WASHINGTON — Direct farm subsidy payments have provided billions of dollars to producers in Nebraska and Iowa over the years, but the program is on the chopping block in the farm bill before the Senate this week.
Iowa farm operations received $407 million in direct payments in 2010, more than in any other state, according to Department of Agriculture data compiled by the Environmental Working Group, an organization that has been critical of the farm subsidy system.
Nebraska's $239 million in direct payments in 2010 ranked seventh in the country.
Lawmakers from both states support ending the program, which has been pilloried by critics as representative of everything that is wrong with the country's agricultural policies.
Direct payments were originally conceived as a temporary approach that would help farmers transition off government support, but Congress kept renewing the payments.
Direct payments have been particularly easy to attack, because they are handed out to producers based on historical production, and are not triggered by actual losses or a drop in prices.
In an era of federal budget constraints and booming agricultural revenues, even farm state lawmakers have dubbed the program indefensible, including Sen. Mike Johanns, R-Neb., a former U.S. secretary of agriculture.
“In the era of farmers going broke because prices were so low, you could make the case for direct payments,” Johanns said. “You can't now.”
Sen. Tom Harkin, D-Iowa, former Senate Agriculture Committee chairman, agreed. Direct payments “cannot be justified on any grounds whatsoever” at this point, he said.
“Even though Iowa got the most money, I said it was wrong from the beginning,” Harkin said. “I've never been a fan of it.”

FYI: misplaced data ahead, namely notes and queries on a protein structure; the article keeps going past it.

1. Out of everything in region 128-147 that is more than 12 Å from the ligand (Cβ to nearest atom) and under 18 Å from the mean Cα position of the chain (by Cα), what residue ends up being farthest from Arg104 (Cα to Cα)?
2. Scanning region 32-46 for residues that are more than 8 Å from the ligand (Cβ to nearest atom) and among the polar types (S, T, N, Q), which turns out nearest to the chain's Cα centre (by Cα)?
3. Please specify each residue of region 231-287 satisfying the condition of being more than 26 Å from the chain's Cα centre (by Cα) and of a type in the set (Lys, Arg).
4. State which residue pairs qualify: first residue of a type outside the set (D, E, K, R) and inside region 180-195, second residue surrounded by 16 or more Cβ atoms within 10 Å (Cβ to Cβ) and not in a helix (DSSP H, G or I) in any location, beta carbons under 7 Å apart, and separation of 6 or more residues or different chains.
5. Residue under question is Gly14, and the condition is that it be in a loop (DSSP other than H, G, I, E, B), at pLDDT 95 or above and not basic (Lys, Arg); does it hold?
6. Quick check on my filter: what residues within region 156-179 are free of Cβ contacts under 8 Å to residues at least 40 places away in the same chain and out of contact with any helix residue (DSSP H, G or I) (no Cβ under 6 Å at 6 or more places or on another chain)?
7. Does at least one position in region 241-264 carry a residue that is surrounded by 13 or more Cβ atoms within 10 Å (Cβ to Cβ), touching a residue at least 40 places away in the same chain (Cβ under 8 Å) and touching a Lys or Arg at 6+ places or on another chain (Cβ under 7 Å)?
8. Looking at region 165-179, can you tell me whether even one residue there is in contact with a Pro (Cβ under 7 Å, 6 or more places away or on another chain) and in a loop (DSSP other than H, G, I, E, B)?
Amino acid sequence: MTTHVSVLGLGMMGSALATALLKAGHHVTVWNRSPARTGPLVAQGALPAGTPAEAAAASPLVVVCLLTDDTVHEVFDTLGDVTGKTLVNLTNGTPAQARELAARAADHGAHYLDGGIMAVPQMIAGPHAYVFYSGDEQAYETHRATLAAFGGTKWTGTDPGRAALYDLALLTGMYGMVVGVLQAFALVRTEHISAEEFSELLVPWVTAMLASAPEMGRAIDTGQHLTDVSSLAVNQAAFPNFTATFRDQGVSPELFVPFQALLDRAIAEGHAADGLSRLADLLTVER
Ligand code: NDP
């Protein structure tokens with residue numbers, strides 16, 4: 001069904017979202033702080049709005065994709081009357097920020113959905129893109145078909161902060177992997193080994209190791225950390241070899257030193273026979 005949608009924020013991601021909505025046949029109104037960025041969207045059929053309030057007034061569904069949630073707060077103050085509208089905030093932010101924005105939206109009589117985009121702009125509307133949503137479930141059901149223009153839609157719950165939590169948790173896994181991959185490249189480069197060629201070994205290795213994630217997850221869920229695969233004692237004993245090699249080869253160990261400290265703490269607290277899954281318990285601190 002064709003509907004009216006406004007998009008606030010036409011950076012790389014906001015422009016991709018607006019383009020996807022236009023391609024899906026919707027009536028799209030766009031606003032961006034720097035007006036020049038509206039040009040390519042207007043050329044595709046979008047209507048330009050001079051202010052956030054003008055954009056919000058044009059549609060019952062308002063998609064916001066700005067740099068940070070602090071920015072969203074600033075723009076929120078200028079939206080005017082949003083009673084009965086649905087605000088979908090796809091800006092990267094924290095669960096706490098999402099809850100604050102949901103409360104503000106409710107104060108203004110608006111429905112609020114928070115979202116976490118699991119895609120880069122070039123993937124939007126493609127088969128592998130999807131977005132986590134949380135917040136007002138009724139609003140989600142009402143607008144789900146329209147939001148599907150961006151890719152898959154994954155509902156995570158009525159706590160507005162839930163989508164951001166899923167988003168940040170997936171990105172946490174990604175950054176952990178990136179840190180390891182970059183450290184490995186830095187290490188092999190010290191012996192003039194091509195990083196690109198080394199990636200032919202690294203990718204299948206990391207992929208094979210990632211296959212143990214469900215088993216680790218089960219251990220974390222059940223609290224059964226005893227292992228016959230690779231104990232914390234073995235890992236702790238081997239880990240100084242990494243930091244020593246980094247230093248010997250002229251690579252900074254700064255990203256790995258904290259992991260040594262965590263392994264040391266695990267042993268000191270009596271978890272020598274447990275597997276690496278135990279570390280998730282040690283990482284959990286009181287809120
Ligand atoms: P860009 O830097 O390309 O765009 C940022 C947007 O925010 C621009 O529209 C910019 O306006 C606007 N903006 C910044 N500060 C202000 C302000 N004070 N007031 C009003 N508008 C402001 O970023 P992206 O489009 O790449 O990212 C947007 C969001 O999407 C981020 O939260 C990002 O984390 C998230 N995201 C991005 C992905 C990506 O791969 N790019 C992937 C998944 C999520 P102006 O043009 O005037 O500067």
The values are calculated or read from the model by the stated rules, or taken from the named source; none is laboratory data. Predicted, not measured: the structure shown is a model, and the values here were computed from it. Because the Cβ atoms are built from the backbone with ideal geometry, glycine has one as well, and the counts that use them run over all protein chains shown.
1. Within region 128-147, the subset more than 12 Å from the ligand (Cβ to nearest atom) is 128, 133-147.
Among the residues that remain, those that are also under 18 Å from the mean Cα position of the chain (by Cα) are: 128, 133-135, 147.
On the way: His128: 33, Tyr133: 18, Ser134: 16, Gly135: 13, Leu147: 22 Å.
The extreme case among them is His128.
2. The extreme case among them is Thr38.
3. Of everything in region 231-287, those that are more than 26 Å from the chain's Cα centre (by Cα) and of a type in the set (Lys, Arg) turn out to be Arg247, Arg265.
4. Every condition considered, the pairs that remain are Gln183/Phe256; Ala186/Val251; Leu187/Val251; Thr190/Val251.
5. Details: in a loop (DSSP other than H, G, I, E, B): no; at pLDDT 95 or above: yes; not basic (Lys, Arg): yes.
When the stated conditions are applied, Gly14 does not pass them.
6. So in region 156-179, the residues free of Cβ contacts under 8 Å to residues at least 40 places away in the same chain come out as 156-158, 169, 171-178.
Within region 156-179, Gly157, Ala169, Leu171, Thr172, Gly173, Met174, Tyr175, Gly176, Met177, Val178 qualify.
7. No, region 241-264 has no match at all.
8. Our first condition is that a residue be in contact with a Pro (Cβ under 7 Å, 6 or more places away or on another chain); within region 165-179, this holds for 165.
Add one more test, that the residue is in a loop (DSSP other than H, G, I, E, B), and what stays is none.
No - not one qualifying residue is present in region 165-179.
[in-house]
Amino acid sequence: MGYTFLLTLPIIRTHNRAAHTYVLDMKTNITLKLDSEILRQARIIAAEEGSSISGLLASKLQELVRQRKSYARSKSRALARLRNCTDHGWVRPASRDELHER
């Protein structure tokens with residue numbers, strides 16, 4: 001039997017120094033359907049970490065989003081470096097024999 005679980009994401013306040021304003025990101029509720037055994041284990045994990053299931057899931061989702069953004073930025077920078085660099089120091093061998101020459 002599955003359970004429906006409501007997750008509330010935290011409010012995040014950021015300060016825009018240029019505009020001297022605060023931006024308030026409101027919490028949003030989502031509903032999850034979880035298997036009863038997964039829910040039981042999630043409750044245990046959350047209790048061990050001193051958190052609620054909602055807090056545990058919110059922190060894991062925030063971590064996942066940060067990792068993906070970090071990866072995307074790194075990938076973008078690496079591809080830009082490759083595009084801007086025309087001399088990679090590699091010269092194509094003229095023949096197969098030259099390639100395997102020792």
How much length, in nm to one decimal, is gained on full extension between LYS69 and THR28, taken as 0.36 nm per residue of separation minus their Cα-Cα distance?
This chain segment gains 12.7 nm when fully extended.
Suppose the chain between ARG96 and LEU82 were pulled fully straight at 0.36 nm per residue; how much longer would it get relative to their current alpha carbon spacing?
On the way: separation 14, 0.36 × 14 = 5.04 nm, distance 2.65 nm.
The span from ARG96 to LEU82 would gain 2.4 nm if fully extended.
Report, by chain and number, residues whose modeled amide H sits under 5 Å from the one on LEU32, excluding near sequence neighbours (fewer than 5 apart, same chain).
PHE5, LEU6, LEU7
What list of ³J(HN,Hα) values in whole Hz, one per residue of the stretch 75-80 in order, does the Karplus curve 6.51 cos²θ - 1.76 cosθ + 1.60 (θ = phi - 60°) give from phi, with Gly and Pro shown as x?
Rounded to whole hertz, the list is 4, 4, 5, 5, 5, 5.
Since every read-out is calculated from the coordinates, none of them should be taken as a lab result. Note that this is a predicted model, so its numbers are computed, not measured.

Harkin said he believes that federal funding should be directed to such areas as ag research and conservation programs.
Harkin supports the legislation's approach of using the money saved from direct payments to bolster crop insurance protection, in part by creating new “shallow loss” programs that essentially would cover more of a farmer's deductible in the case of a loss.
Those shallow loss provisions could make up much, if not all, of the money that Nebraskans and Iowans would lose on direct payments, although that is difficult to predict.
Sen. Ben Nelson, D-Neb., said the point is to craft a better program and save money. The Senate farm bill does include about $23 billion of deficit reduction.
“Even if there is a differential (for Nebraska), the fact that we have a better program in place now for the future is important,” Nelson said.
Although Nebraska and Iowa receive large amounts of direct payments overall, per-acre payments are actually higher for farmers growing Southern crops such as cotton and peanuts.
Most farm bill disagreements break along regional, not partisan, lines, and this year is no different. Southern lawmakers are expected to try to make the bill more friendly to their part of the country during this week's floor debate.
Sen. Chuck Grassley, R-Iowa, said the Senate may be able to resist the Southerners' demands, but the House is another matter.
“Iowa's being hurt more than any other state,” Grassley said, referring to the probable loss of direct payments, “but we're also benefiting from the higher prices of our grain as well.”
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